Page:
Review Summary: An immense and powerful record that Loma Prieta has had brewing for years.
Lately, I’ve been finding it somewhat difficult to properly pen my thoughts on music, instead opting to either go through the motions, or simply lose what few words I had to begin with. Whether it be from the complete ineffectuality of an album, or simply my utter disinterest, music has become increasingly difficult for me to discuss. It happens from time to time, but every so often an album comes along that makes the words flow; a work that gets so much right that I’m absolutely compelled to spew my collective thoughts and opinions. Loma Prieta’s I.V
is one such album, and the refreshing vindication of a band that’s been almost there
for far too long.
Loma Prieta has been an up and coming band in the emotional hardcore circuit for about half a decade now, releasing solid record after solid record. Drawing inspirations from groups such as Pg. 99 and Ampere, Loma Prieta feature a messy, dense, and chaotic sound reminiscent of early emo and hardcore. The production is grimy and the vocals are brash, but within the short, crass songs that Loma Prieta create, there is genuine emotion and passion. However, despite the band’s consistent excellence, they haven’t produced a clear “classic” worthy of the praise they’ve received in their short career. Their, debut, Last City
, was close but ultimately lacked that certain “punch” indicative of a true timeless record. That being said, I.V.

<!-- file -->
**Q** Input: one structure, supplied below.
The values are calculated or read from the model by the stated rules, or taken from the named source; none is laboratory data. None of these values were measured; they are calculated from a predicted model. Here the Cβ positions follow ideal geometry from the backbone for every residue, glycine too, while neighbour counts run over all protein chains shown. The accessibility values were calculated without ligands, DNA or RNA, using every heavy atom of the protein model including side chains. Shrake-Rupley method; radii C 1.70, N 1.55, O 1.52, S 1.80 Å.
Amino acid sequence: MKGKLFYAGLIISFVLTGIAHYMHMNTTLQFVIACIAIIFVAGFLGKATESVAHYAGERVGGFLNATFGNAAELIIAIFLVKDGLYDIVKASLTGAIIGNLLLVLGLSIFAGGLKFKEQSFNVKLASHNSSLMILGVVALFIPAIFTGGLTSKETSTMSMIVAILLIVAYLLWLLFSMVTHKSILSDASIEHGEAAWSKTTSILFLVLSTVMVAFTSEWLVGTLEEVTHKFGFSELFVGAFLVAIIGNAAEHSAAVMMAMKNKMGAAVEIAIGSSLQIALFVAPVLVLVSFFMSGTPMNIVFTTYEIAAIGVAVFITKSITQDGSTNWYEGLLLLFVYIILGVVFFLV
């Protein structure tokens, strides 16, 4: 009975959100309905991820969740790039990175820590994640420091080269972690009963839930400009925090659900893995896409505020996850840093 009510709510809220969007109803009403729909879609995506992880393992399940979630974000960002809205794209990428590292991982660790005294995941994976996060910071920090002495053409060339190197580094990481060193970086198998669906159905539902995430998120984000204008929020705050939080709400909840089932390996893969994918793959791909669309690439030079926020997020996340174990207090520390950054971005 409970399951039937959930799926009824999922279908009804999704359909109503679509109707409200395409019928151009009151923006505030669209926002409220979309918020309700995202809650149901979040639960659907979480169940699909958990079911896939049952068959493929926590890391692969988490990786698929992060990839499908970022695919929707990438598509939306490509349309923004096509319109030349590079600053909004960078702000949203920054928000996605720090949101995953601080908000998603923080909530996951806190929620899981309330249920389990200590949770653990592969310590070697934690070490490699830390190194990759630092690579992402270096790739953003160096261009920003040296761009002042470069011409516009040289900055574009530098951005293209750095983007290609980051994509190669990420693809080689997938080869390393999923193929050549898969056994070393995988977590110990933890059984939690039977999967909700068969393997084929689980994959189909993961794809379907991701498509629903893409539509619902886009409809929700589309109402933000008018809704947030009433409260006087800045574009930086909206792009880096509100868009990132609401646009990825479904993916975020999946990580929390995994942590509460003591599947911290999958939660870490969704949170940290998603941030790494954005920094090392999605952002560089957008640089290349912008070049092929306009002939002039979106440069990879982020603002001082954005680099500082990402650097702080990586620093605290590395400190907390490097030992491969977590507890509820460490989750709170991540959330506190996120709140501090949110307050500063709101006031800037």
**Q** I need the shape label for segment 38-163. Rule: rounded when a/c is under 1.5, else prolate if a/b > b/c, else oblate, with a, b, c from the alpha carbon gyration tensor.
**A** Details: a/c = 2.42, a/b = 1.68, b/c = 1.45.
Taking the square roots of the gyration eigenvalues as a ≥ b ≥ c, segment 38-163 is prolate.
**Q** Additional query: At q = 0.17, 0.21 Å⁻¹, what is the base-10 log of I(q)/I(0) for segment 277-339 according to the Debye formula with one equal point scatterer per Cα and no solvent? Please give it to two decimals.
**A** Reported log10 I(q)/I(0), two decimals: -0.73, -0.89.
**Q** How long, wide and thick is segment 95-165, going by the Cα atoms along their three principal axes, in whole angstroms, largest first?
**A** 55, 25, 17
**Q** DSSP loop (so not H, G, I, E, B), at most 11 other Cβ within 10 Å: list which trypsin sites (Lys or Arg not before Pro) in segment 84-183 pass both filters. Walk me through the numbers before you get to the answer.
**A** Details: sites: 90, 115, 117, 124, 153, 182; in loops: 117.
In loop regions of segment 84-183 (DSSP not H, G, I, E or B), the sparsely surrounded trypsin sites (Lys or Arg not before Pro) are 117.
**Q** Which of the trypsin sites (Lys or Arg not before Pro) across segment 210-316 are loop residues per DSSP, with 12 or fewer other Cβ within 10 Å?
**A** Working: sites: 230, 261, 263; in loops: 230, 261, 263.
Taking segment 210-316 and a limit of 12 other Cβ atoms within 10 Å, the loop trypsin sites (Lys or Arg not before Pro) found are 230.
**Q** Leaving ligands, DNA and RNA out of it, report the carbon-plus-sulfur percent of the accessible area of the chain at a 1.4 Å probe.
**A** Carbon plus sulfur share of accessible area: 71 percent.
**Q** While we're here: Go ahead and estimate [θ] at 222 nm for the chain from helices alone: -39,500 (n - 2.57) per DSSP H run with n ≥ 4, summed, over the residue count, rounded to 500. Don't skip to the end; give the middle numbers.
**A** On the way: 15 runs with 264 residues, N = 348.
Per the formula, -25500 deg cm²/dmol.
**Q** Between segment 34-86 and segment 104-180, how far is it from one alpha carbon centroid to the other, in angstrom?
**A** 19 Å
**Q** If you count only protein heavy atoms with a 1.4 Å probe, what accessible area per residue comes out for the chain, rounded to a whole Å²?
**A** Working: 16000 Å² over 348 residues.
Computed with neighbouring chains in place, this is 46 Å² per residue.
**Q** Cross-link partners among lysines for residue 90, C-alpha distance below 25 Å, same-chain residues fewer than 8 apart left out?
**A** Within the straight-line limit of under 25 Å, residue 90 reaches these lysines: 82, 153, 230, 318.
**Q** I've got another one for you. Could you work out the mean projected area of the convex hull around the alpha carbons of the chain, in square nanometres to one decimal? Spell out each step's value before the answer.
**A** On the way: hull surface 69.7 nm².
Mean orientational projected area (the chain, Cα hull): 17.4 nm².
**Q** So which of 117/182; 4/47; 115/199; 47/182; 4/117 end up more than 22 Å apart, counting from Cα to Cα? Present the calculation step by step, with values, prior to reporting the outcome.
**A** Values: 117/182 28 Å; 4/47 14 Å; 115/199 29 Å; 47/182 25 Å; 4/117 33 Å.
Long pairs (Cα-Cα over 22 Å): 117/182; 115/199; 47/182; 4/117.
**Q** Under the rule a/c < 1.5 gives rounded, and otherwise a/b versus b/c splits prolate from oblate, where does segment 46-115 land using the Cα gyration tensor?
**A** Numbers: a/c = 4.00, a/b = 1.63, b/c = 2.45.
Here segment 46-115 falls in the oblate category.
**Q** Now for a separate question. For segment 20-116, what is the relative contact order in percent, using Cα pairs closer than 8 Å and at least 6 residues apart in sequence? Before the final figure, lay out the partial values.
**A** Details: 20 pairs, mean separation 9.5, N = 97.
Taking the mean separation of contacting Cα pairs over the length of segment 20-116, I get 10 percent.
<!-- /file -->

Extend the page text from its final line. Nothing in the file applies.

is the album Loma Prieta have always had in them; a glorious and sprawling record that refines everything they’ve achieved thus far, whilst adding much, much more.
While it may seem a bit simple to pick out the more derivative aspects of I.V
, it’s difficult to deny that they’ve used their influences well. The harder edge they’ve been sharpening since their inception is even more striking here, and that certain Ampere-esque flair is still beautifully executed. This is all decidedly Loma Prieta, which is all well and good, but it’s the more refined quality of the work that pushes it further. The heavier bass and relatively cleaner production gives I.V.
a denser and more abrasive sound without sacrificing sound quality. Everything from the vocals to the guitars simply sounds tighter and more concise, and the album is all the better for it.
The original “Trilogy” found on Last City
is still, to this day, some of the finest emo music I’ve ever heard, and the extension of those songs only furthers my irrevocable love. Parts four through six of the series is reminiscent of the original pieces, but features the new influences discussed earlier. The bass laden intro and darker atmosphere brings to mind Converge, while the emphasis on more intricate guitar work reminds one of La Quiete. But I.V.
is so much more than these few songs, as the entire record sees the band creating a wealth of varied songs with more melody and more complex songwriting. From the gripping opener, “Fly By Night,” to the very last cathartic seconds of “Diamond Toot,” I.V.
is an almost unparalleled collection of balanced and wonderfully executed tracks.
, Loma Prieta’s Deathwish Inc. debut, was written at a time of great emotional turmoil for the band, and that sentiment certainly shows. I.V.
is a marvel of modern day emotional hardcore, and a deeply effective album in general. This is the album that will finally hoist Loma Prieta up to the heights they deserve, showcasing the true talent and ingenuity contained within.